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Simultaneous chess challenges are not everyone's cup of tea, but Henry McWatters, who works for UBS as an options and futures trader, managed to beat chess grand master Raymond Keene as part of a series of City-based events which raised pounds 22,000 for Save the Children.

McWatters is modest about his achievement. He practices by turning out for the UBS chess team which has recently been promoted to chess's premier league.

Kevin Arnold, head of European government bond trading at NatWest Markets, went to greater lengths to raise cash, however. He had his hair chopped off to raise pounds 7,000.

BT wants to be Marks & Spencer of the communications world, according to BT's head of corporate sponsorship, Roger Broad. Yesterday, when BT announced a pre-tax profit of pounds 874m, Broad waxed lyrical about the company's pounds 2.6m-a-year sponsorship of the arts and its latest venture to sponsor the National Children's Orchestra.

Broad is refreshingly keen to let you know that this spending is not sponsorship of art for art's sake, but for the business's sake. BT is intent on wooing the customer on its service record and believes sponsorship of the arts plays an important part in its strategy to trounce the likes of what Broad describes as 'trendy' Mercury. But does desire to emulate M&S-in quality of service mean that BT chairman Sir Iain Vallance must now wear an apron to work?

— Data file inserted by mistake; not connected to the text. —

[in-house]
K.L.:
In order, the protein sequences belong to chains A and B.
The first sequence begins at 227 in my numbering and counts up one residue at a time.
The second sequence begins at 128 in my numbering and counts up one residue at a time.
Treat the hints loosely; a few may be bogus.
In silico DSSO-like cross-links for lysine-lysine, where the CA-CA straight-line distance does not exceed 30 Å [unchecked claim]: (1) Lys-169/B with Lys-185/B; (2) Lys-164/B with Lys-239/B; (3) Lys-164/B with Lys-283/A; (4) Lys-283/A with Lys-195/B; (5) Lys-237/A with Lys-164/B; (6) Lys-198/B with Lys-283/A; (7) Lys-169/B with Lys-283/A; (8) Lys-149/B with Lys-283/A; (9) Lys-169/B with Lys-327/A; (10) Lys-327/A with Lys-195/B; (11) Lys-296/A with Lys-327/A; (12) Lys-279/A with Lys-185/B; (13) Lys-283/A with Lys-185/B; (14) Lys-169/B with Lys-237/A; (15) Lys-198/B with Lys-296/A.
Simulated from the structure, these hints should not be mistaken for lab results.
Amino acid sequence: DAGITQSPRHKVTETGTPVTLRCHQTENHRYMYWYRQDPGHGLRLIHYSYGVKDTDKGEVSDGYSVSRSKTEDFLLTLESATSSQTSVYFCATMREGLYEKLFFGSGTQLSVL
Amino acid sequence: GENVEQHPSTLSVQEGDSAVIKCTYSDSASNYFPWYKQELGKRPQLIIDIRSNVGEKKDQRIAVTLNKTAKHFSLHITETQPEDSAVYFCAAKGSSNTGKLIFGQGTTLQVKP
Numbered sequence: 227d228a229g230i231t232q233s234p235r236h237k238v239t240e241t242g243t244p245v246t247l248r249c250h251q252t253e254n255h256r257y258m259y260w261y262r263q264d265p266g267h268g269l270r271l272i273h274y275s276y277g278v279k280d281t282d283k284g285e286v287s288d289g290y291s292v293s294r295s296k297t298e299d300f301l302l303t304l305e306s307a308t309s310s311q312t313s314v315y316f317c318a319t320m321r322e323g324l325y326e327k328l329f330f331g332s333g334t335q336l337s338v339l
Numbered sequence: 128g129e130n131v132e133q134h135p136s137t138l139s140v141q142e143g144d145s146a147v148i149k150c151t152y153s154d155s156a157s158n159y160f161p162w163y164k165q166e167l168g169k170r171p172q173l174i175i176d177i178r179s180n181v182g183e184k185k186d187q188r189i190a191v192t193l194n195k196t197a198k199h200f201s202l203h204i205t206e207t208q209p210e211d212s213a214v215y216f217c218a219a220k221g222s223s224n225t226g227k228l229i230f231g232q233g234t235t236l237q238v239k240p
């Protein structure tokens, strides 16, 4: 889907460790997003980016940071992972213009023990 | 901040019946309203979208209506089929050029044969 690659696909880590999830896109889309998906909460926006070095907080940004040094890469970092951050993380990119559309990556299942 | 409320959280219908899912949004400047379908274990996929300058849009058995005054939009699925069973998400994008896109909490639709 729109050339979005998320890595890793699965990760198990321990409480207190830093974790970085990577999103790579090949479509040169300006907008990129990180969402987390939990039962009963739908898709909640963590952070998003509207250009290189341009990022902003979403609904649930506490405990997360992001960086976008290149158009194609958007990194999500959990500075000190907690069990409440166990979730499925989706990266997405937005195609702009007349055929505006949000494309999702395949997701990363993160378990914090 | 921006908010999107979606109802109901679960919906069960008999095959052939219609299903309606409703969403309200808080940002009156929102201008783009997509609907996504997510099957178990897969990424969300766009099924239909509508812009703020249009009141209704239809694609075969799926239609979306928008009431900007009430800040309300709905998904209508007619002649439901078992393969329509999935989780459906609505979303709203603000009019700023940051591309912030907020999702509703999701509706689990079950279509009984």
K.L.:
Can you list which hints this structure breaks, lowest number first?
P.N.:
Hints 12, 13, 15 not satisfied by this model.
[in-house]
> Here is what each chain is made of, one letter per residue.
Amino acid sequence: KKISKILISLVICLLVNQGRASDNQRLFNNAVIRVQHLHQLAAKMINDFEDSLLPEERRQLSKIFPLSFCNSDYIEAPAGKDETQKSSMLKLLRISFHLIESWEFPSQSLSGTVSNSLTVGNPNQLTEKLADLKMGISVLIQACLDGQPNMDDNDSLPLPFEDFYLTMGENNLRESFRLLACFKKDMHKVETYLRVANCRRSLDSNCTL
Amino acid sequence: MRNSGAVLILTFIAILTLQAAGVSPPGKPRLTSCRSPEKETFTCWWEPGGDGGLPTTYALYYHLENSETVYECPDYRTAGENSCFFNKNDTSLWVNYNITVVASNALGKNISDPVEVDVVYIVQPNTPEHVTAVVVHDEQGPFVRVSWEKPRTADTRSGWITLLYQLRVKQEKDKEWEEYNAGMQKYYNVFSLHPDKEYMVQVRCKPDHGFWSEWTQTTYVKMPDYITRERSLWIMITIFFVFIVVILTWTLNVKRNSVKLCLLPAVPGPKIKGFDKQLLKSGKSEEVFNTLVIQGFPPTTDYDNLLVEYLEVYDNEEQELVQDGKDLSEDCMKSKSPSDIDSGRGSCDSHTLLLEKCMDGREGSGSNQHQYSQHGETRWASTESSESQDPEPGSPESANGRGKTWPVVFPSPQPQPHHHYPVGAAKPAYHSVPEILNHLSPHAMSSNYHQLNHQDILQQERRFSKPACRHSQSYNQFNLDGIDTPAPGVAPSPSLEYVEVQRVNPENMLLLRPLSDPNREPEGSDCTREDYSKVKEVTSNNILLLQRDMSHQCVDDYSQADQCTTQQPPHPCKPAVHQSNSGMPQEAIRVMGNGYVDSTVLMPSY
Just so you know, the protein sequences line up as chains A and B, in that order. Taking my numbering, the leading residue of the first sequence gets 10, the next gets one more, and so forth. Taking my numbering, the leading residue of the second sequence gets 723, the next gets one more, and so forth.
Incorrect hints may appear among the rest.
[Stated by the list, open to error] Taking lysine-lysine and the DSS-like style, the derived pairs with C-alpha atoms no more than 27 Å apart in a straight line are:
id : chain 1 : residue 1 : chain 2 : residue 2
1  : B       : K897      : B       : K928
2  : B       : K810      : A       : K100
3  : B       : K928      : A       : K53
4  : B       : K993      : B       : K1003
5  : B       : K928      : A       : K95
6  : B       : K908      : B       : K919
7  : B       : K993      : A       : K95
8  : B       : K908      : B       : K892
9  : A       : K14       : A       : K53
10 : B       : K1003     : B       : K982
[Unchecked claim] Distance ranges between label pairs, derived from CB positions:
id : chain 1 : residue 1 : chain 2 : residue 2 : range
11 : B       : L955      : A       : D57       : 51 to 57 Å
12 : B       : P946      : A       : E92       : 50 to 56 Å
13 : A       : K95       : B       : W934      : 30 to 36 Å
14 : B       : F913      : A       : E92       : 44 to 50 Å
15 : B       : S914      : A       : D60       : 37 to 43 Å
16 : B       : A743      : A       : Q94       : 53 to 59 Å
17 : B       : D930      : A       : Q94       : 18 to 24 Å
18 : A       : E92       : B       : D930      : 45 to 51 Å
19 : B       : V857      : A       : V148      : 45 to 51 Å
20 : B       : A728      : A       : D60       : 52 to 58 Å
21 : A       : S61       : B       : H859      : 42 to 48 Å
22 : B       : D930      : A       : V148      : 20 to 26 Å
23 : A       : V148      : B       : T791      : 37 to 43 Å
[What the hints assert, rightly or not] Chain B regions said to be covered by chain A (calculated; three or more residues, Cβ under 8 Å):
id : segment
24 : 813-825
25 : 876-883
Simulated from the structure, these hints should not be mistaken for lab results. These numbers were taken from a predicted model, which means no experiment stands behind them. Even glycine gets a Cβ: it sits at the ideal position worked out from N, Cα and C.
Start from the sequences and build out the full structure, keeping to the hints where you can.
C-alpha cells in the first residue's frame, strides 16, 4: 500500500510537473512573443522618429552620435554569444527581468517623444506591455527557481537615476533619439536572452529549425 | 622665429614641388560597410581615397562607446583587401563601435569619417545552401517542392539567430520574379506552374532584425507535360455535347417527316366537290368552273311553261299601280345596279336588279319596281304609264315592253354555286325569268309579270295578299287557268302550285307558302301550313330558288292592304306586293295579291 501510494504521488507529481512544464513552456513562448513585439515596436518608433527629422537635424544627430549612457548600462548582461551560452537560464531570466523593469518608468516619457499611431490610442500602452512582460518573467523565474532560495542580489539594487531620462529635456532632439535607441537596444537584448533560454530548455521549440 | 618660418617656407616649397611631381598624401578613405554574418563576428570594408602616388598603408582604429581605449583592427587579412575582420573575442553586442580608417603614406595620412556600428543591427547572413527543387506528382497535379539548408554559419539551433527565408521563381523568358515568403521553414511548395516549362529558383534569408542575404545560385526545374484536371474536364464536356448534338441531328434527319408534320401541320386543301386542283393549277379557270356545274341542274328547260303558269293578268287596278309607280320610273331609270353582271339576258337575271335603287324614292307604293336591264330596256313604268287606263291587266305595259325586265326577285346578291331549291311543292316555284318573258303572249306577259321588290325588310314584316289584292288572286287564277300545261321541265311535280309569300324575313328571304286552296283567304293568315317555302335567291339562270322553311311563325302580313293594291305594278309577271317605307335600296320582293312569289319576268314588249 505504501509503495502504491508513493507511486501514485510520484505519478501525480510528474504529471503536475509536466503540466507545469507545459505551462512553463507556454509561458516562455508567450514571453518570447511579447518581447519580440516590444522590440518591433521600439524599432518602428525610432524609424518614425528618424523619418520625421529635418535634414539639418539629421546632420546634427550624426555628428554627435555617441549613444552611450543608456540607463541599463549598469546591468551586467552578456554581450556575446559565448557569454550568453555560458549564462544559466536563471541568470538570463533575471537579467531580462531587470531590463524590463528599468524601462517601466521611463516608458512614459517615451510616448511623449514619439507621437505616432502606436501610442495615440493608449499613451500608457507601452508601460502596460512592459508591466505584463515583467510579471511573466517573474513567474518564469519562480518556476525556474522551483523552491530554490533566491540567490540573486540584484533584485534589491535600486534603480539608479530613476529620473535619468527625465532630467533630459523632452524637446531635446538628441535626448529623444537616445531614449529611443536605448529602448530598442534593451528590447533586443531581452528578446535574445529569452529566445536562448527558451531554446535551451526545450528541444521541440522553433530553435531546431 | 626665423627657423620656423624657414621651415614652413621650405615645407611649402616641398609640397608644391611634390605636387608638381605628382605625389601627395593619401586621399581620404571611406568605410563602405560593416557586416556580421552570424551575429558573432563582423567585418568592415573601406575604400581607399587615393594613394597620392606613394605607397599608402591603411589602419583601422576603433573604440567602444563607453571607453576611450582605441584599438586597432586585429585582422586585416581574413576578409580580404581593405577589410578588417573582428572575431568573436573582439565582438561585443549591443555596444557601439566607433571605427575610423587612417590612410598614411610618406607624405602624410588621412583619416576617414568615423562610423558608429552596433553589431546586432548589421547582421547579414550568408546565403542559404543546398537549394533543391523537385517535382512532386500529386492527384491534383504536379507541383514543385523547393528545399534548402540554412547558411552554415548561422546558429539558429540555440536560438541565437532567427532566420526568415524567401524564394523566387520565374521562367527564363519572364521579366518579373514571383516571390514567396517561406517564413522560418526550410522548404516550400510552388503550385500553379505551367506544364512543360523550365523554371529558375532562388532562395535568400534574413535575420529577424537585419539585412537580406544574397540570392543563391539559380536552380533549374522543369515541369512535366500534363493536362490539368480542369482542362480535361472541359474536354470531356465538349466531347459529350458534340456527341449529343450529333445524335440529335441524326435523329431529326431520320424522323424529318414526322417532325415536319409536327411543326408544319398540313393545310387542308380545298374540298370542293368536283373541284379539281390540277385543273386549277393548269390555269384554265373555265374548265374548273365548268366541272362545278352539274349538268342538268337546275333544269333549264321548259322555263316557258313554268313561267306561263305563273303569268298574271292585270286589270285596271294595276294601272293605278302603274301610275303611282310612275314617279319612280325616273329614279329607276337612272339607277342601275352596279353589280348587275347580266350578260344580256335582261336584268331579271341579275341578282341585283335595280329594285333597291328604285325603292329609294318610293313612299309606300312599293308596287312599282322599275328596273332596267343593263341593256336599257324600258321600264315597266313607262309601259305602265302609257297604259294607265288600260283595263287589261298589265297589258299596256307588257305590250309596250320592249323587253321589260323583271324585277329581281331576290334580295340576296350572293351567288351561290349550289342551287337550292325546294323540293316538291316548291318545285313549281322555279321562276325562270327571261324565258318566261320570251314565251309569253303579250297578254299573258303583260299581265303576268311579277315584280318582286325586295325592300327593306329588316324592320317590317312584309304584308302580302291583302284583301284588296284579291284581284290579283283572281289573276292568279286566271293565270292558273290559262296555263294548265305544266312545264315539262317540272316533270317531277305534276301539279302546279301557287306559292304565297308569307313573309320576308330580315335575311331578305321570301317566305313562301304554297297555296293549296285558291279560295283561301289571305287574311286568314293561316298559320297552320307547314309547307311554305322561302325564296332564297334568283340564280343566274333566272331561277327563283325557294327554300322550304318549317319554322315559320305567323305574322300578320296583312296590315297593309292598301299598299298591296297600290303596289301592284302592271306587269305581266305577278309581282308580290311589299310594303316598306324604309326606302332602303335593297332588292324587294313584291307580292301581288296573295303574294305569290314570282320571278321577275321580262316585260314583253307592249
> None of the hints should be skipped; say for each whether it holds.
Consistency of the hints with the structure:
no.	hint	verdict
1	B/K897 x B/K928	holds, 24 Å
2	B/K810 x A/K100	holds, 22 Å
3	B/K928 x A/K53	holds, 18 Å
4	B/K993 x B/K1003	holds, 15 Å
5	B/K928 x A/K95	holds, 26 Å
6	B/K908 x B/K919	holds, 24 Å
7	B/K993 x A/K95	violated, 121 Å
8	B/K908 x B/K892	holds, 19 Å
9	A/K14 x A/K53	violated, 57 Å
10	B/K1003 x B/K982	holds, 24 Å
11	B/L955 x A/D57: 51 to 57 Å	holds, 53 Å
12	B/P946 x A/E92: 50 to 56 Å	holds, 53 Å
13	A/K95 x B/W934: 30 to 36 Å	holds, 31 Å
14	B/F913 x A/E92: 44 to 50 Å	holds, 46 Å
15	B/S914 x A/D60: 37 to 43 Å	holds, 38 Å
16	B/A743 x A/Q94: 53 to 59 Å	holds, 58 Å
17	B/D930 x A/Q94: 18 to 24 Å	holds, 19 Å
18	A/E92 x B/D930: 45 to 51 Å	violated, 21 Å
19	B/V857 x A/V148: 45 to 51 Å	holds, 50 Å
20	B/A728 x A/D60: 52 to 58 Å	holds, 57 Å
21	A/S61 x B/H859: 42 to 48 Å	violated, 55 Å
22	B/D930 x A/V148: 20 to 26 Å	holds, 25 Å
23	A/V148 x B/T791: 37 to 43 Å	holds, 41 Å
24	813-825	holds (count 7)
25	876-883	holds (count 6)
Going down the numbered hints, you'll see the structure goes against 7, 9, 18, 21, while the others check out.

Companies have a hard time sticking around for a year or two in the current economic climate, let alone foreseeing the next 100 years.

But one which is about to join the small band of golden oldies - such as the 300-year-old Mitsui corporation of Japan and Du Pont, nearly 200 - is bike manufacturer Harley Davidson. The company will feature later this month in a BBC2 series called The Business, which examines the secret of success based on research carried out in the Eighties by Arie de Geus, then an executive of Royal Dutch Shell.

According to de Geus, the secret of company longevity is to stick to what you do best and capitalise on brand image. Harley nearly came a cropper, though, when it diversified into golf carts. This gave club-swinging executives the chance to roar down the fairway on a Harley without the club secretary raising so much as an eyebrow.

Golf carts were hardly compatible with the company's groovy biking image, though. Needless to say, they do not make golf carts anymore.

Sausages are big business, as chief executive of Tesco Sir Ian MacLaurin knows. Yesterday, however, York Magistrates fined Tesco pounds 6,000 plus prosecution costs of pounds 513 for serving up bangers that were not quite what they purported to be. Tesco ran several advertisements declaring their sausages were free from additives and colourings but when trading standards officers put Tesco's own to the taste-bud test they discovered said sausages fell short of their quality standards. The official offence is of misleading the public. A solicitor for Tesco said that mistakes were bound to happen.